Search for native plants by scientific name, common name or family. If you are not sure what you are looking for, try the Combination Search or our Recommended Species lists.
Search native plant database:
Cornus racemosa Lam.
Synonym(s): Cornus foemina ssp. racemosa, Cornus paniculata
USDA Symbol: CORA6
USDA Native Status: L48 (N), CAN (N)
Gray dogwood is a thicket-forming, deciduous shrub to 16 ft. in height with greenish-white blossoms in open, terminal clusters. Young twigs are reddish and the fruit pedicels remain conspicuously red into late fall and early winter. Fruit itself is a white, 1/4 in. drupe that usually does not remain on the shrub for long.
The fruit of this dogwood is eaten by birds and other wildlife.
The genus cornus is Latin for a horn.
Plant CharacteristicsDuration: Perennial Habit: Shrub Leaf:
Green Autumn Foliage:
White, red stems Size Class:
Bloom InformationBloom Color: White , Green
Bloom Time: May , Jun
, WV Canada: MB
, QC Native Distribution: ME
to Ont. & Man., s. to SC
& AR Native Habitat:
Thickets; river bank woods; wet to dry, low, open areas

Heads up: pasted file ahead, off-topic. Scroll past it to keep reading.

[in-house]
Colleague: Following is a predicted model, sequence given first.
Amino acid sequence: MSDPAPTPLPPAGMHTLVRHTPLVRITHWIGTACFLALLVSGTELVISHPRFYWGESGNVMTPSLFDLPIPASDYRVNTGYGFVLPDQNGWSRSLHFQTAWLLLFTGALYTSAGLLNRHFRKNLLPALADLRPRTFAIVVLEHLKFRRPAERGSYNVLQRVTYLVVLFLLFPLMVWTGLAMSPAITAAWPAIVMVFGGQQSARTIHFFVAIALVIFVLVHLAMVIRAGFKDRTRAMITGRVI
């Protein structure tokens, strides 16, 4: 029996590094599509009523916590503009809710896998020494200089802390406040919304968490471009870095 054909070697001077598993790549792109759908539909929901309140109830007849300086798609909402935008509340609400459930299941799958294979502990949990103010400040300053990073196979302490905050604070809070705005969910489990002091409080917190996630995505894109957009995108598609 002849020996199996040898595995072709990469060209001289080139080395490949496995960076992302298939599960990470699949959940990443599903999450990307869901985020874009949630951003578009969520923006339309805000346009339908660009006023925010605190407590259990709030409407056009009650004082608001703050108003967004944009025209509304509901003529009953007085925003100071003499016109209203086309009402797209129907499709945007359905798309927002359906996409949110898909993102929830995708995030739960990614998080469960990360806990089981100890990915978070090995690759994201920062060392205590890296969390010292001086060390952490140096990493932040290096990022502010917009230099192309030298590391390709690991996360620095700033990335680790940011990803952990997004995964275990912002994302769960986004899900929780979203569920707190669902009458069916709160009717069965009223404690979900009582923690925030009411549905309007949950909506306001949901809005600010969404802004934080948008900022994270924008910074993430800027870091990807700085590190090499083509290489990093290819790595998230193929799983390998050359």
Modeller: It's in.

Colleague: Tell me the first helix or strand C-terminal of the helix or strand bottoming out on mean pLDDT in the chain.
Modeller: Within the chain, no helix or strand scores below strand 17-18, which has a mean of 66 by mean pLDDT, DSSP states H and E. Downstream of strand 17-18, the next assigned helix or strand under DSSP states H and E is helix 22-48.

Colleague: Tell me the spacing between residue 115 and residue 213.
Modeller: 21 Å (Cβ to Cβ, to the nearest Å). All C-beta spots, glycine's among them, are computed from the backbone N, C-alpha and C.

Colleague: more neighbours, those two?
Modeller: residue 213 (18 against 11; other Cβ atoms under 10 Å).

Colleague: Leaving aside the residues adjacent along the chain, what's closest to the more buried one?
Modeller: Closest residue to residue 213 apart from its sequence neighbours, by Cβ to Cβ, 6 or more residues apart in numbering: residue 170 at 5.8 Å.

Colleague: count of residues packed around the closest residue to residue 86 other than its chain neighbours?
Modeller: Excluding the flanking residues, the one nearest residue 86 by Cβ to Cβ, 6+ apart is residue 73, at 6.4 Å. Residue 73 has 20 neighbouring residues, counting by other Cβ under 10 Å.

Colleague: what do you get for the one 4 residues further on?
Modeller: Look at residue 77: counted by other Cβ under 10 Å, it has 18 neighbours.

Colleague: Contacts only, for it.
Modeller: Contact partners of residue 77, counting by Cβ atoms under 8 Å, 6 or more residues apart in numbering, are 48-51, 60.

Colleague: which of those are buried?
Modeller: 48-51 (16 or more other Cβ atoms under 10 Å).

Growing ConditionsWater Use: Medium
Light Requirement: Sun , Part Shade , Shade
Soil Moisture: Moist
Soil pH: Circumneutral (pH 6.8-7.2)
CaCO3 Tolerance: Low
Soil Description: Moist soils.
Conditions Comments: Will adapt to drier sites. Used in erosion control and for wildlife habitat. Resistant to most diseases, insects and physiological problems.
BenefitUse Wildlife: Fruit
eaten by birds and other wildlife. Used by many bird species including Northern Cardinal, Downy Woodpecker, Northern Flicker, and Eastern Bluebird. Conspicuous Flowers:
Birds , Butterflies Larval Host:
PropagationDescription: Sow seeds immediately after collection or scarify and stratify and sow the following spring. Cornus spp. will root from softwood or semi-hardwood cuttings taken in summer, hardwood cuttings in winter, and suckers and division and by layering in the early
Seed Treatment: Stratify for 30-60 days at 41 degrees.
Commercially Avail: yes
Butterflies and Moths of North America (BAMONA)
is a larval host and/or nectar source for:
Mr. Smarty Plants says
October 21, 2009
Hi...Can you please identfy the tall, evergreen shrub with purple plum-colored foliage that I have noticed in winter locally?...Hope so, need he color! THX
view the full question and answer
National Wetland Indicator Status
This information is derived from the U.S. Army Corps of Engineers National Wetland Plant List, Version 3.1
(Lichvar, R.W. 2013. The National Wetland Plant List: 2013 wetland ratings. Phytoneuron 2013-49: 1-241). Click here
for map of regions.
From the National Organizations Directory
According to the species list provided by Affiliate Organizations, this plant is either on display or available from the following:
Delaware Nature Society
- Hockessin, DEMt. Cuba Center
- Hockessin, DE
Record Last Modified: 2010-09-09
Research By: TWC Staff